Film Review: The Will To See

A Somalian harbour

It’s really difficult to establish reliable numbers, which is worrying in itself, but there is something like forty ongoing wars or conflicts happening right now (although definitions differ). These take the form of major wars, insurrections, civil wars and insurgencies. While the international media has had its camera firmly trained on Ukraine for most of this year, it previously took scant notice of the conflict which began in 2014.

Bernard-Henri Lévy, or simply BHL in his native France, is a controversial and highly opinionated philosopher, writer and intellectual. He is also a political activist, which often brings him into direct conflict with authorities. In The Will To See, his new documentary co-directed with Marc Roussel, he travels the world to a number of combat zones to witness the fighting and also the humanitarian crisis which follows in its wake.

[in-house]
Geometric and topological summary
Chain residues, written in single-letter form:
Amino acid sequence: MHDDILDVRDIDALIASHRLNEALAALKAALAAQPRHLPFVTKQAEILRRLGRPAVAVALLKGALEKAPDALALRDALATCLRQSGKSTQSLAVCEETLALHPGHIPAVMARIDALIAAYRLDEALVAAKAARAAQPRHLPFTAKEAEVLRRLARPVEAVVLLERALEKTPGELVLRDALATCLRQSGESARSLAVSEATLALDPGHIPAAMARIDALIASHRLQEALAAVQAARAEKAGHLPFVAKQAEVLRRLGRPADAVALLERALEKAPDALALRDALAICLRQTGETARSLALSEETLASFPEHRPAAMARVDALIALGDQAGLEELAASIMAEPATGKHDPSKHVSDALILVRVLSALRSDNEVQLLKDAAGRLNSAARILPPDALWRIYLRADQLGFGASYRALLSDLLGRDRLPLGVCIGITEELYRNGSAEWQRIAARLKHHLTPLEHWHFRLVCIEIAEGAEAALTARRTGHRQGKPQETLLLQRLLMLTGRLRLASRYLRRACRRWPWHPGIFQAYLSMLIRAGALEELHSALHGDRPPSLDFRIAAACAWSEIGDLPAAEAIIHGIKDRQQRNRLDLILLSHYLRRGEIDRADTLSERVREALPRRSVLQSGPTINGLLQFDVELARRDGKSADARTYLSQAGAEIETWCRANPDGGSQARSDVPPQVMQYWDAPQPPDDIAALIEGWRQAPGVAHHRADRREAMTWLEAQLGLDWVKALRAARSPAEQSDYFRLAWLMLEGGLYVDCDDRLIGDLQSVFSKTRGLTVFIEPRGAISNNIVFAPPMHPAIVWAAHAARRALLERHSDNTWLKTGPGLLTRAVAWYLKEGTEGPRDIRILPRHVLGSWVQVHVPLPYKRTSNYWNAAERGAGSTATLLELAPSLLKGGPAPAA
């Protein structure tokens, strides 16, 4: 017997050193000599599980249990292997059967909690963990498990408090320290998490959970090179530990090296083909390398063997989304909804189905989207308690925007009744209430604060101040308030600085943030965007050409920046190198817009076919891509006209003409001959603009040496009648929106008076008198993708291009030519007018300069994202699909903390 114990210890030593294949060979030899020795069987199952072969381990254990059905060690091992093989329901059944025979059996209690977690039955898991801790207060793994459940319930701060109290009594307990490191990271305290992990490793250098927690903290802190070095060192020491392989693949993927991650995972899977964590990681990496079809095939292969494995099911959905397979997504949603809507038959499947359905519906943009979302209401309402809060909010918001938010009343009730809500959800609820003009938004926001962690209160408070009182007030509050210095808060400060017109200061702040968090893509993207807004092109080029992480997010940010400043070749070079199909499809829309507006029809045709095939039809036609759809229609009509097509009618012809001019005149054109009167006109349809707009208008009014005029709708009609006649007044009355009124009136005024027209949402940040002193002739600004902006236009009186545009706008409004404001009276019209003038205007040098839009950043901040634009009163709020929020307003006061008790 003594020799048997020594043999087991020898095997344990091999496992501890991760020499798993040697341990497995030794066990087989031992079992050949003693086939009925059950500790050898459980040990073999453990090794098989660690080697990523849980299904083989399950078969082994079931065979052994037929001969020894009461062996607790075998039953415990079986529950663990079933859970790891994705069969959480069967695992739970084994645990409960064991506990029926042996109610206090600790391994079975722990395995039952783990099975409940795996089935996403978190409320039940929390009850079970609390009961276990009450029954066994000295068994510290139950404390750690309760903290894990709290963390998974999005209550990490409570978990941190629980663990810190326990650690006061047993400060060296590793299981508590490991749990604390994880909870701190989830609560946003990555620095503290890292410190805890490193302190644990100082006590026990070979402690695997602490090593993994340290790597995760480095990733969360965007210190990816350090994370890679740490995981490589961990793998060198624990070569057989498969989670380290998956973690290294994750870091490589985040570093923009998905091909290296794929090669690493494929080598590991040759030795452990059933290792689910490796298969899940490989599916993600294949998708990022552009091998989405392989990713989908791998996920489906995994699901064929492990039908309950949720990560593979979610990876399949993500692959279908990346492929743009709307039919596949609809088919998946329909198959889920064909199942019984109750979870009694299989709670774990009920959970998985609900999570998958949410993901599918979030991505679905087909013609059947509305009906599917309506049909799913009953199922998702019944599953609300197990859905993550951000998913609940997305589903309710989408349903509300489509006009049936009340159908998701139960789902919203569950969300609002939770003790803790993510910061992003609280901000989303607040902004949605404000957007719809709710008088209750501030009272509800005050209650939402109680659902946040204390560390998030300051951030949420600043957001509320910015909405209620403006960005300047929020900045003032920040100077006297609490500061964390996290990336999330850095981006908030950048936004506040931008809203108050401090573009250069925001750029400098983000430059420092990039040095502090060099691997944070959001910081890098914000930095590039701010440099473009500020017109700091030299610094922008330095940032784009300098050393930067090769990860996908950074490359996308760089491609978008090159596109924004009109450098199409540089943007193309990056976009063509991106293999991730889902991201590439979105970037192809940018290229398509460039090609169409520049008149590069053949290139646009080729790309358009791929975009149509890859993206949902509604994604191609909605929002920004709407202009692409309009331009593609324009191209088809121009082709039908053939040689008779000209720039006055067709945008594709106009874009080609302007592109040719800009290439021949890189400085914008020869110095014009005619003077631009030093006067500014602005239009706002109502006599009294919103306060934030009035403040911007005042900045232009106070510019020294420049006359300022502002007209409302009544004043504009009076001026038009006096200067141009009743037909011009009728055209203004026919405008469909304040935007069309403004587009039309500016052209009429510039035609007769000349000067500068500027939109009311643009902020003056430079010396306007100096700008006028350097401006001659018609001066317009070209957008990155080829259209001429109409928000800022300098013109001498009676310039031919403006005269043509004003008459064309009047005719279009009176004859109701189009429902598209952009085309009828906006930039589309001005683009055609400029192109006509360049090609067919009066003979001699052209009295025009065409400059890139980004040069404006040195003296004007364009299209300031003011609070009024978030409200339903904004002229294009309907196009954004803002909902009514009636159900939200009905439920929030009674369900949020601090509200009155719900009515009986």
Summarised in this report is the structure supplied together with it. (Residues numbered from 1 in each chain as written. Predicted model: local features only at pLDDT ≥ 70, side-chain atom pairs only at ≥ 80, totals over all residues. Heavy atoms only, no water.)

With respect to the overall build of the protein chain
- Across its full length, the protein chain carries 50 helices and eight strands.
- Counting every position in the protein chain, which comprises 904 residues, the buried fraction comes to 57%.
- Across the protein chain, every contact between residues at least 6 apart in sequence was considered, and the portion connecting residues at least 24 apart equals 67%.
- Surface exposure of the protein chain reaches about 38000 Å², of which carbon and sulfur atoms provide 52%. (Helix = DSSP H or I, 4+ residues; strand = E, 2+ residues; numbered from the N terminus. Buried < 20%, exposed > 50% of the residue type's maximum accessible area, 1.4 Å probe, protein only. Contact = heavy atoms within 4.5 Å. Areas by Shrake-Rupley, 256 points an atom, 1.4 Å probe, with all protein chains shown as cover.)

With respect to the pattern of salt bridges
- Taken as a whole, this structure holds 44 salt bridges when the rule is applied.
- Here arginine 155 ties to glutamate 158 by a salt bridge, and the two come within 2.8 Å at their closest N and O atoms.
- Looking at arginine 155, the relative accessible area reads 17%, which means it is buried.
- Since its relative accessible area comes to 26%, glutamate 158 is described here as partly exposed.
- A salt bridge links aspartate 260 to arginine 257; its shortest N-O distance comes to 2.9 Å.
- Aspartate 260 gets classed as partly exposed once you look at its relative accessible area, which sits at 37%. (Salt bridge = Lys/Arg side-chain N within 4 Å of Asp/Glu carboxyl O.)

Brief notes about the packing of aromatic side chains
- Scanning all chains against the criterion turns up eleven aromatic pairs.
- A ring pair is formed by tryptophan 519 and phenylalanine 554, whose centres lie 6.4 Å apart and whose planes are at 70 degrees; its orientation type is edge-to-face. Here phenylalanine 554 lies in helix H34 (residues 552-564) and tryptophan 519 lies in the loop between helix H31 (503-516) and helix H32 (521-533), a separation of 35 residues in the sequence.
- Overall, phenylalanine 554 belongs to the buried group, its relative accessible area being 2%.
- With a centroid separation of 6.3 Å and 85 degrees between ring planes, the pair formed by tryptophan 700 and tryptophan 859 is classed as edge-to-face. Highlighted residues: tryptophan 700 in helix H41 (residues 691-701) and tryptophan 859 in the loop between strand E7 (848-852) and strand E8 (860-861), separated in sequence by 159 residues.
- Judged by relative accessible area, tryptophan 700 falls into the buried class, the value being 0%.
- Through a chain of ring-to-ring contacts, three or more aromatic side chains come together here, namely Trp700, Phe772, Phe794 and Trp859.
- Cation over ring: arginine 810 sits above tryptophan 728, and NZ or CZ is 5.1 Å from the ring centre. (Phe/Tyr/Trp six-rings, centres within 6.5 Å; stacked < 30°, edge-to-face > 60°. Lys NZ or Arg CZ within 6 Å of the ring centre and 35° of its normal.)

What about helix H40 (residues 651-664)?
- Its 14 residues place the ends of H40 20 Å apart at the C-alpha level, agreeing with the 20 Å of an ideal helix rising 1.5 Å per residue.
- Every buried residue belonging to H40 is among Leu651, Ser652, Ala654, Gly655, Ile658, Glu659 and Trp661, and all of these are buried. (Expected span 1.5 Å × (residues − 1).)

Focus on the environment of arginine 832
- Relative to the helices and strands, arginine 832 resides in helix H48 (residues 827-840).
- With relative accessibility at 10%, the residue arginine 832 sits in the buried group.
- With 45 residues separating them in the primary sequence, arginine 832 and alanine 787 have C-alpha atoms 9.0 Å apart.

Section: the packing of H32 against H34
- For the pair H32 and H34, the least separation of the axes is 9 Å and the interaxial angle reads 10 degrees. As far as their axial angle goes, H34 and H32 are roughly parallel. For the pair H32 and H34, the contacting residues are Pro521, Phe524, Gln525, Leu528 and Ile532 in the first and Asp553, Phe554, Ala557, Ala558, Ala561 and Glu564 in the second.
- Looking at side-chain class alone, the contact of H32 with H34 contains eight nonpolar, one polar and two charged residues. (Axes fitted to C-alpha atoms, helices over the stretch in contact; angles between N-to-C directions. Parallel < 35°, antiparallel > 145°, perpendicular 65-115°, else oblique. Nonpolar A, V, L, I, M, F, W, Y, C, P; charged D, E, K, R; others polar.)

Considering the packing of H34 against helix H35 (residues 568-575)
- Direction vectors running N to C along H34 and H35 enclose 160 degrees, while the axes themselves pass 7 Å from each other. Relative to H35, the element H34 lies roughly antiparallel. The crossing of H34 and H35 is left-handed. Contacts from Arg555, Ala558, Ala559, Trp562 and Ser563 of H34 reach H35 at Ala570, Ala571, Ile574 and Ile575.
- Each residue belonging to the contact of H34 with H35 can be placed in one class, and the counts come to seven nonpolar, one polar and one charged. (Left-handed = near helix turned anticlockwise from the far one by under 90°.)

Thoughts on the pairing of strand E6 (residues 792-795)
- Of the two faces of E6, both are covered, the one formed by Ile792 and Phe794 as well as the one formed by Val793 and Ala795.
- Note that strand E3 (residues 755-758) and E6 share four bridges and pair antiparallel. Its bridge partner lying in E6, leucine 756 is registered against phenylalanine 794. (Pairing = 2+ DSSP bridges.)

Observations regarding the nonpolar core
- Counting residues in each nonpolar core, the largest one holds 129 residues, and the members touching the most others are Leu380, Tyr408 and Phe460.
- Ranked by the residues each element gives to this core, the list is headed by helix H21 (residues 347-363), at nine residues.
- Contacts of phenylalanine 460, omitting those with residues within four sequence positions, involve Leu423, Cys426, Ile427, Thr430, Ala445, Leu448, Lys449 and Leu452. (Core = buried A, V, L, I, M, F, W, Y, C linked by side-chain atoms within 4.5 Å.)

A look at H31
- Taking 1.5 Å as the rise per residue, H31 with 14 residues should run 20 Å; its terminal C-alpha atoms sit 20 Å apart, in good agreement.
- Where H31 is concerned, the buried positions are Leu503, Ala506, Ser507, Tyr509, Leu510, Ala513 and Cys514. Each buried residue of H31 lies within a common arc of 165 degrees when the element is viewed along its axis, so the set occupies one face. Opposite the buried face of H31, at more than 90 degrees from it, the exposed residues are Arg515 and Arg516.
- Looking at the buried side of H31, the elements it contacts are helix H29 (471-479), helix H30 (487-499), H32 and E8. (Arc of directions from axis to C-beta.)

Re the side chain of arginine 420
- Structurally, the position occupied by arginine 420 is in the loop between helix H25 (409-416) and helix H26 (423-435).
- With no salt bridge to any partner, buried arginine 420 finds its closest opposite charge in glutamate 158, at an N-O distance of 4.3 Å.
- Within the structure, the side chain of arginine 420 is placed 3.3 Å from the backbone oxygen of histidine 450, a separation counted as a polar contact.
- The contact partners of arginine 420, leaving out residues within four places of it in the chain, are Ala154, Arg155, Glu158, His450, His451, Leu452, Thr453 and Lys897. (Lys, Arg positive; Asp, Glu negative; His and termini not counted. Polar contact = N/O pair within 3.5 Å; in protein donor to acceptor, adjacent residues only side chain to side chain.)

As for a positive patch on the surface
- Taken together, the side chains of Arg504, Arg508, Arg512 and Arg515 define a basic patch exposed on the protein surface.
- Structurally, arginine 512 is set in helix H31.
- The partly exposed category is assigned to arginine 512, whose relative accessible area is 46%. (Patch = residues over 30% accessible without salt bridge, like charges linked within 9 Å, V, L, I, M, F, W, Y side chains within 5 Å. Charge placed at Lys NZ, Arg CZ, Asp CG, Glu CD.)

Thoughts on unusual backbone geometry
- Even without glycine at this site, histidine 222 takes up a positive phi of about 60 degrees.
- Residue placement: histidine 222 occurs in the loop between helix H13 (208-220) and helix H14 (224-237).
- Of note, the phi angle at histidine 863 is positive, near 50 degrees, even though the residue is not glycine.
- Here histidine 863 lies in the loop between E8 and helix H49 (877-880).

The Will To See is an urgent film which spans a number of countries (including Ukraine, Syrian Kurdistan, Nigeria, Afghanistan and areas of Central and Eastern Africa) and types of conflict. These forgotten wars make little impression in Europe or North America but decimate the populations where they’re fought. BHL can be an acquired taste, but the importance of his message cannot be Understated. Making The Will To See a very important film.  

The Will To See open in US cinemas on 29 April.

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